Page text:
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City Crews Prepare For A Challenging Snow Removal Process

UPDATE – Friday, January 15, 2021 – Des Moines Public Works Director Jonathan Gano provided an optimistic update on the snow removal process early Friday afternoon.

"Progress has been much better than anticipated because the snow stopped much earlier than we were expecting," Gano said. "This means that we've already moved into the residential streets which is a process that takes roughly 24 hours. At this point, residents should see a plow by late Saturday morning."

Des Moines residents can track plowing progress and stay prepared for winter weather all season long at DMSnow.org or by following DSM Public Works on Twitter and Des Moines Public Works on Facebook. Residents may also opt in to receive text alerts by texting DMSNOW to 96000.


DES MOINES, IOWA – Thursday, January 14, 2021 – The Des Moines Public Works Department is anticipating tonight’s weather conditions will lead to a very challenging snow removal process over the next few days.

The Public Works Department was not able to spread brine as an anti-icing agent prior to this storm because the first precipitation came down as rain, which would have washed away, and wasted the brine.

“The first layer of snow will also melt, before being covered with more snow,” Public Works Director Jonathan Gano said. “The danger is overnight when that first layer will likely freeze and become ice. We anticipate conditions that will require heavy salting on our snow routes, but residential streets will see some snowpack and potentially icy conditions.”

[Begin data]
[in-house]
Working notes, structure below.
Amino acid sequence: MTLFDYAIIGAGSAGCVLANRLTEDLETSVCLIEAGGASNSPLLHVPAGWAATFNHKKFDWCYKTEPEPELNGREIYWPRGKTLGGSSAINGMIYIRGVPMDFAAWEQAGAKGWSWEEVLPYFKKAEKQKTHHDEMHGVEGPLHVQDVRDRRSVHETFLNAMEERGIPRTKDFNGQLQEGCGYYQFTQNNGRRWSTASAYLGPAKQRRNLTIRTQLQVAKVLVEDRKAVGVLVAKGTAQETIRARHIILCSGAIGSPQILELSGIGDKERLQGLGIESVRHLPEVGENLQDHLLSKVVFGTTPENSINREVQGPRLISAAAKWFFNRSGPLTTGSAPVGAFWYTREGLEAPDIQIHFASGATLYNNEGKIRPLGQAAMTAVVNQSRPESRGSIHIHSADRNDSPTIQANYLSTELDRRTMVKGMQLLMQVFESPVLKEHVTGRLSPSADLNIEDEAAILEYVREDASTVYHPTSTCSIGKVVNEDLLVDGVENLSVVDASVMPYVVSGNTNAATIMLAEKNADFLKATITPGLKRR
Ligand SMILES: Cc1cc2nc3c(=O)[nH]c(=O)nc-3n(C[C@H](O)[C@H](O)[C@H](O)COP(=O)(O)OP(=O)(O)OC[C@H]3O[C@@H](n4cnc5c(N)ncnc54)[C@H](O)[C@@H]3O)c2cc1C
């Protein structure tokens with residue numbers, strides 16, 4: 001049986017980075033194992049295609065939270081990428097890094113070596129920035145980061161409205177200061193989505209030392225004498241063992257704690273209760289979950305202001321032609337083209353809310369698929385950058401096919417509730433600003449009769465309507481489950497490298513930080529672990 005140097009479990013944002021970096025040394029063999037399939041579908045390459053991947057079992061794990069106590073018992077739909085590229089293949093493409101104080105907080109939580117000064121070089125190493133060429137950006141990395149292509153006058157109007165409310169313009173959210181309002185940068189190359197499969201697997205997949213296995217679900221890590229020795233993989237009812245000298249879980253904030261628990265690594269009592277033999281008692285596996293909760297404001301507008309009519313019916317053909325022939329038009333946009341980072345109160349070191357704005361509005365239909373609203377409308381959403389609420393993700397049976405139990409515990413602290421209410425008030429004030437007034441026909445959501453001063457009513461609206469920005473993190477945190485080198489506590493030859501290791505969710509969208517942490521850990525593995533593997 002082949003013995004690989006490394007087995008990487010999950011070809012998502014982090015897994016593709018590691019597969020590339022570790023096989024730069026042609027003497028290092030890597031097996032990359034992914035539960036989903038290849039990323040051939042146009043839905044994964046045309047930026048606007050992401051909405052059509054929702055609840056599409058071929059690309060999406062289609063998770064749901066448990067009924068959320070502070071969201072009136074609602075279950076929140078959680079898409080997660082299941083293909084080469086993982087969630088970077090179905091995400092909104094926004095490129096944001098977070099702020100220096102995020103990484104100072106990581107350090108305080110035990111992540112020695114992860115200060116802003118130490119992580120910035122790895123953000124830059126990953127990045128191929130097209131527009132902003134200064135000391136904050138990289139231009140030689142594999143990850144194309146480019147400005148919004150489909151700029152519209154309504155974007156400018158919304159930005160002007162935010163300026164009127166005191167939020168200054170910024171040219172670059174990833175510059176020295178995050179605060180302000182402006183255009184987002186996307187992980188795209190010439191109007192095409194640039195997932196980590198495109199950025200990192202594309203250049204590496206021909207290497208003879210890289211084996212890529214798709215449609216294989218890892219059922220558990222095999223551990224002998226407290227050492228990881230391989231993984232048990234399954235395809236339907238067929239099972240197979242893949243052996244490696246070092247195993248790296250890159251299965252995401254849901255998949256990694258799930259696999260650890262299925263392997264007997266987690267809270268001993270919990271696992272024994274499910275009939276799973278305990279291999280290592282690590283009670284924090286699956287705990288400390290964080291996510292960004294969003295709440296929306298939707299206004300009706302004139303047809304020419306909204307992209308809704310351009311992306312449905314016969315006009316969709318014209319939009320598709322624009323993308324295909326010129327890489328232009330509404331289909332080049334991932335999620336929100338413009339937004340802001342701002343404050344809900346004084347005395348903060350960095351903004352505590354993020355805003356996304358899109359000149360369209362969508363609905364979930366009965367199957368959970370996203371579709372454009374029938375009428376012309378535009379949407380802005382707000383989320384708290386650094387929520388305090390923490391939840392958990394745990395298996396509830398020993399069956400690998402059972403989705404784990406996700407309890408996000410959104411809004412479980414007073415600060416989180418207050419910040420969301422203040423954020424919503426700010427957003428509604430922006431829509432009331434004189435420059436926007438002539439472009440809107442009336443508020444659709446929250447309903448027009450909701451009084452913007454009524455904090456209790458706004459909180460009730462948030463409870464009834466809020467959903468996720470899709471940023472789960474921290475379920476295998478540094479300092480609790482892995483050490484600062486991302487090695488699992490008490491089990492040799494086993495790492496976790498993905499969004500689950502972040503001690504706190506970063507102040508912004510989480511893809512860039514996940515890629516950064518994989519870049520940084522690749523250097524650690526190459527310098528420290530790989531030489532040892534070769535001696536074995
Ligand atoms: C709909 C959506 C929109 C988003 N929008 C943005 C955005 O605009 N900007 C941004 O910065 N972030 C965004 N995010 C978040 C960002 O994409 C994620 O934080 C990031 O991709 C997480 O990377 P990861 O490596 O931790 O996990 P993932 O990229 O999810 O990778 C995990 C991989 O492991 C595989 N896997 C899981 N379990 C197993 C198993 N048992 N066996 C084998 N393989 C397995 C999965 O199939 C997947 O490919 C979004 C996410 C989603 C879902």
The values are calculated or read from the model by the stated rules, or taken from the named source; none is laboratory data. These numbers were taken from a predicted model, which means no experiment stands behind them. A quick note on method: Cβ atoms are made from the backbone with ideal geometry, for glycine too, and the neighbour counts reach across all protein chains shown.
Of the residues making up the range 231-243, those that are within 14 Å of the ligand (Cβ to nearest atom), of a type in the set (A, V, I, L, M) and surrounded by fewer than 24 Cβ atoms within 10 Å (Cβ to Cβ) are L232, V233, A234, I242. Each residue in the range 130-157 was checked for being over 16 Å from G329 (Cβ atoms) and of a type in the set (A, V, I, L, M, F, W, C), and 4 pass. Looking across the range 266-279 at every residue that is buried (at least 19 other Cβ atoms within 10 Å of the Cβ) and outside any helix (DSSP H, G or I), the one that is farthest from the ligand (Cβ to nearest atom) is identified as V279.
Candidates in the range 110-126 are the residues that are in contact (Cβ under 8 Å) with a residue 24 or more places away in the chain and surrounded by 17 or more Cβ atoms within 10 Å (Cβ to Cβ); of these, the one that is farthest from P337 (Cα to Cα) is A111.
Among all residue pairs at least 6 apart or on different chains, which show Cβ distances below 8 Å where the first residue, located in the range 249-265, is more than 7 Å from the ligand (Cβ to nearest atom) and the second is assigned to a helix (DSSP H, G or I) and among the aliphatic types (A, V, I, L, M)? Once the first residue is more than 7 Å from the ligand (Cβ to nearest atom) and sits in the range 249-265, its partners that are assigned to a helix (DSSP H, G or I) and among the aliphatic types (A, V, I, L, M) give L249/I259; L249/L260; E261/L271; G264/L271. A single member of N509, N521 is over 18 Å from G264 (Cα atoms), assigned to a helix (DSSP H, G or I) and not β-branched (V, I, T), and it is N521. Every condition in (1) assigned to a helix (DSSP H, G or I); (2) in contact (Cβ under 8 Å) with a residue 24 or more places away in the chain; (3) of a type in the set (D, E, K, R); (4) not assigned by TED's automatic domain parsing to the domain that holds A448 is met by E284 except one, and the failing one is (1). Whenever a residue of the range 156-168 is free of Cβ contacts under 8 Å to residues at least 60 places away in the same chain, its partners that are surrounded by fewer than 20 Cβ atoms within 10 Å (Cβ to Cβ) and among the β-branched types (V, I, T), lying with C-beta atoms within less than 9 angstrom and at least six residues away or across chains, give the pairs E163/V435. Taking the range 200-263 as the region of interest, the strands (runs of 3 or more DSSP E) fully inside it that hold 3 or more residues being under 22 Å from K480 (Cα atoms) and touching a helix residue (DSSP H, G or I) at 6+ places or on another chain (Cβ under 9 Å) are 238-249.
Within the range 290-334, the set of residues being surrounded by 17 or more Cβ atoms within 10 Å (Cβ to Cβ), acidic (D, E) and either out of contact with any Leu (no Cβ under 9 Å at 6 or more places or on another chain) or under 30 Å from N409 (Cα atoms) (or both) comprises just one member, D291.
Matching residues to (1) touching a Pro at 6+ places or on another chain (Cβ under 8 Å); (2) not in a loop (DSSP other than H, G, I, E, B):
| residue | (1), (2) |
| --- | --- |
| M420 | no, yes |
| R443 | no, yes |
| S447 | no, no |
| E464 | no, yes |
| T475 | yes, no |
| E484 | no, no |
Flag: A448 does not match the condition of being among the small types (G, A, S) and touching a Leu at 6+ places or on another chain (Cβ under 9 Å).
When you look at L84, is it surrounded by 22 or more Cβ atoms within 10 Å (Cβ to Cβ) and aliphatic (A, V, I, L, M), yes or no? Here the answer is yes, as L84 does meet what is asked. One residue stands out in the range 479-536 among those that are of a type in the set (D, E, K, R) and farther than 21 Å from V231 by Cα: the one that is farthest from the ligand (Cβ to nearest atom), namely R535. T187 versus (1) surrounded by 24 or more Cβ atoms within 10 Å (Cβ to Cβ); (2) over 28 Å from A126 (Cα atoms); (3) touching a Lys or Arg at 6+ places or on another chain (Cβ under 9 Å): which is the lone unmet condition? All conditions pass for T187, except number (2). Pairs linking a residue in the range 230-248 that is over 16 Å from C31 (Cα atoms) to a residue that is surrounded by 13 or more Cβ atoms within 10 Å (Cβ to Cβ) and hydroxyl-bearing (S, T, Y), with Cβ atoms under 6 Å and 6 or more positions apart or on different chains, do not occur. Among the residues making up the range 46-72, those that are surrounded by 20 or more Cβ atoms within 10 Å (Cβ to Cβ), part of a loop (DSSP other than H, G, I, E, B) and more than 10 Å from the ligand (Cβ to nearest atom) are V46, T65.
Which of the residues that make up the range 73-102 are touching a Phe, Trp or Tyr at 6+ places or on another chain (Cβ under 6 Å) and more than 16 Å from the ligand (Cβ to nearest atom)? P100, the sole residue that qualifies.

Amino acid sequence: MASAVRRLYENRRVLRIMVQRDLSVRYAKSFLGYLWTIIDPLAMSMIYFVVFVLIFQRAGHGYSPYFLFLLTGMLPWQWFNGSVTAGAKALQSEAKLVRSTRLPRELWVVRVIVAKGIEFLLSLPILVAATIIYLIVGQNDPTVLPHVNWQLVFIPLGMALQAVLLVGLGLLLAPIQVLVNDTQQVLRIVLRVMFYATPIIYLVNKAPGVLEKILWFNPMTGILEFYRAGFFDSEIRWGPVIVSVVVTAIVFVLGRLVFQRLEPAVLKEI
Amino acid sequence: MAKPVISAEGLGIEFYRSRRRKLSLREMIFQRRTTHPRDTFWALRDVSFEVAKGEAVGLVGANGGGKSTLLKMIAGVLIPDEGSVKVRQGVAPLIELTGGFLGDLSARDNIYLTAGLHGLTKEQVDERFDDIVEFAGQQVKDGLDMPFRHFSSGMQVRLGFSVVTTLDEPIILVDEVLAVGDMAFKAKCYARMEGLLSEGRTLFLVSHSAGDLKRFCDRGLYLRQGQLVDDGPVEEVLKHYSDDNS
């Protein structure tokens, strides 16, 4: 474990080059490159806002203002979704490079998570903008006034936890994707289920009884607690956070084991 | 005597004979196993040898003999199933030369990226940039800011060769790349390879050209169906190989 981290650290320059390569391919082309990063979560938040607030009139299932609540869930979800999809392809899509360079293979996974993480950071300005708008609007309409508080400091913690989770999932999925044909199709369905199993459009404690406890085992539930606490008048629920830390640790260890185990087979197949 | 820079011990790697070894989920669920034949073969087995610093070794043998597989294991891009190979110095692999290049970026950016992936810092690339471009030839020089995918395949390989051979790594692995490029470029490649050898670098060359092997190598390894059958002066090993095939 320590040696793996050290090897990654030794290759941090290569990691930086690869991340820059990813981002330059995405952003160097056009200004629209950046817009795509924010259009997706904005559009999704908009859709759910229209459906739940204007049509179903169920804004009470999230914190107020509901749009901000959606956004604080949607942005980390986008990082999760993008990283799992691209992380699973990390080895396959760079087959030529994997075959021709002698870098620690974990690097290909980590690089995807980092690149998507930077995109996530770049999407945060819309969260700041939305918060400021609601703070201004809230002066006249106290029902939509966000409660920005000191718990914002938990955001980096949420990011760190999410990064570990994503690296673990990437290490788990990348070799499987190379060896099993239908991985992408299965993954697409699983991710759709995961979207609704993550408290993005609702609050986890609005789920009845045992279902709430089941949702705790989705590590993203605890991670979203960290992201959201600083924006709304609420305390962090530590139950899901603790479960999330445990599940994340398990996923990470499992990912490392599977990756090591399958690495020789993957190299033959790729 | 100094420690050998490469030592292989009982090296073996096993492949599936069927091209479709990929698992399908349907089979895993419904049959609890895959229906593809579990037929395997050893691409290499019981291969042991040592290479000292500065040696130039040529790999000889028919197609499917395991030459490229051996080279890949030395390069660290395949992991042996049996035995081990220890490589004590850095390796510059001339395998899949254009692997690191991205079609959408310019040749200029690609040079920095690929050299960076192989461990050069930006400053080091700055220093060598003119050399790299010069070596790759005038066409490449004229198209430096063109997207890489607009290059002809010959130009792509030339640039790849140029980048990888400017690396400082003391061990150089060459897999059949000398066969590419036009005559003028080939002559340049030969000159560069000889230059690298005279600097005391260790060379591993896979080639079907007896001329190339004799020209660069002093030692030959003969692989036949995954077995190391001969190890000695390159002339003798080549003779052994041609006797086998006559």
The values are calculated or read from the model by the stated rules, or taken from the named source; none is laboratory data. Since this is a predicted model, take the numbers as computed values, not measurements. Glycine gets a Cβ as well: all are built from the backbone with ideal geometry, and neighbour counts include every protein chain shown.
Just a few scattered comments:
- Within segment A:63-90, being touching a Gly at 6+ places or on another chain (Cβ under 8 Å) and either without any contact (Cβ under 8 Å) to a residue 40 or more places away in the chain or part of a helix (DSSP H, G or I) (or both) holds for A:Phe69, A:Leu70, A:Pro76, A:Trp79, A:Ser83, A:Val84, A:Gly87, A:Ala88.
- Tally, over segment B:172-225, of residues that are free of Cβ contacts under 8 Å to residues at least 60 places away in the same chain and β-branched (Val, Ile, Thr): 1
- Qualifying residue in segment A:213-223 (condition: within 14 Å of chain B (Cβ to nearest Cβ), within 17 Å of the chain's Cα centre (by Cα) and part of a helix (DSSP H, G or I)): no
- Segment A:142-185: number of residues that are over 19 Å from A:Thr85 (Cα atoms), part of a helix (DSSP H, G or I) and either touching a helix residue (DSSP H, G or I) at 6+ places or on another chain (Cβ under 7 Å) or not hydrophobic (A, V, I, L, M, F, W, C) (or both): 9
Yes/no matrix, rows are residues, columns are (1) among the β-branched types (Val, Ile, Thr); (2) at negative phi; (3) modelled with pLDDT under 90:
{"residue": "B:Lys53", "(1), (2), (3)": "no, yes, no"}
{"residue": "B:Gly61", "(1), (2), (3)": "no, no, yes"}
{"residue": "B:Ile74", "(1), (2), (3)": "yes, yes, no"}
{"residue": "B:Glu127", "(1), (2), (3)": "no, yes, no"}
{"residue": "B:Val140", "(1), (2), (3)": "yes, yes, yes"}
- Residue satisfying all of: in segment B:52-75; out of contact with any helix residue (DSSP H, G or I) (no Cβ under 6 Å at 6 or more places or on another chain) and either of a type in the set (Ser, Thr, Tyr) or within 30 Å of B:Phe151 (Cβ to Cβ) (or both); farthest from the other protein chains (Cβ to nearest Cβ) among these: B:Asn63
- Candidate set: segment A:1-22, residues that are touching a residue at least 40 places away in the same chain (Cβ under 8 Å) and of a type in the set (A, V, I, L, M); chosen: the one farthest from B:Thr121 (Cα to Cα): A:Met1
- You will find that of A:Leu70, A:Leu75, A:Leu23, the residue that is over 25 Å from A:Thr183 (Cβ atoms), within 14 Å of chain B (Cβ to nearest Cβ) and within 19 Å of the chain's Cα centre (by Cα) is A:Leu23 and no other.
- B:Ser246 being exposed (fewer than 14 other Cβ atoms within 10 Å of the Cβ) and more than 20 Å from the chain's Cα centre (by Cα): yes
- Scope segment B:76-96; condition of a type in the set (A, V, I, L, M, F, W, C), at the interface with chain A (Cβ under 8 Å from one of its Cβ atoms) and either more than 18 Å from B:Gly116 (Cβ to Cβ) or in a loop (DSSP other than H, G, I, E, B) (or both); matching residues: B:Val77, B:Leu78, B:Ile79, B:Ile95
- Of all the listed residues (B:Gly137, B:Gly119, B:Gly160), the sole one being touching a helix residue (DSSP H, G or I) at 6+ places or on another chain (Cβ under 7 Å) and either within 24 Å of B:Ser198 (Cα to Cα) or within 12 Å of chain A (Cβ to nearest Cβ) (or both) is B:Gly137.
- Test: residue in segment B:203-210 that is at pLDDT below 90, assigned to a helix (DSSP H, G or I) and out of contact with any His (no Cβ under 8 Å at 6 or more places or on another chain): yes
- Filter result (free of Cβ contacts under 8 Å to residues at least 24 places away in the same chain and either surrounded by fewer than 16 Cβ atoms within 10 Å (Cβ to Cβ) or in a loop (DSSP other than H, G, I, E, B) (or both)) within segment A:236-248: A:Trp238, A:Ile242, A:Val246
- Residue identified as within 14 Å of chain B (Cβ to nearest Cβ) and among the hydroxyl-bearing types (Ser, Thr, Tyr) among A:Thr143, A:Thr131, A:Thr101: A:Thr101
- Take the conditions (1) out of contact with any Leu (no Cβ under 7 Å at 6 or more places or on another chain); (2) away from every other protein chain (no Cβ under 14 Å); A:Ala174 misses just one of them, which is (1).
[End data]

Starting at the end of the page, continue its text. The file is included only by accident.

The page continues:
Officials urge Des Moines residents to use caution on Des Moines roads over the next 24-48 hours.

“When we see a storm like this, we recommend that you stay home if you can stay home,” Des Moines Police Sergeant Paul Parizek said. “Pay attention to the alerts and ordinances that will be released so you can also keep your cars off the roads and our Public Works Department can get the streets plowed quicker to get Des Moines moving again.”

Teaming up with Public Works in tackling the first snowstorm of 2021 are crews from Des Moines Parks and Recreation and the Des Moines Wastewater Reclamation Authority. 

Des Moines residents can track plowing progress and stay prepared for winter weather all season long at DMSnow.org or by following DSM Public Works on Twitter and Des Moines Public Works on Facebook. Residents may also opt in to receive text alerts by texting DMSNOW to 96000.


CONTACT

Al Setka
Chief Communications Officer, City Manager’s Office
(515) 283-4057
AMSetka@dmgov.org

About the City of Des Moines
The City of Des Moines: Iowa’s capital city and local government servicing more than 217,000 residents, 51+ neighborhoods, over 4,000 acres of parkland and 81 miles of trails. The City of Des Moines stands to be a financially strong city with exceptional city services, fostering an involved community in a customer friendly atmosphere. Visit DSM.cityFacebook and Twitter for more information.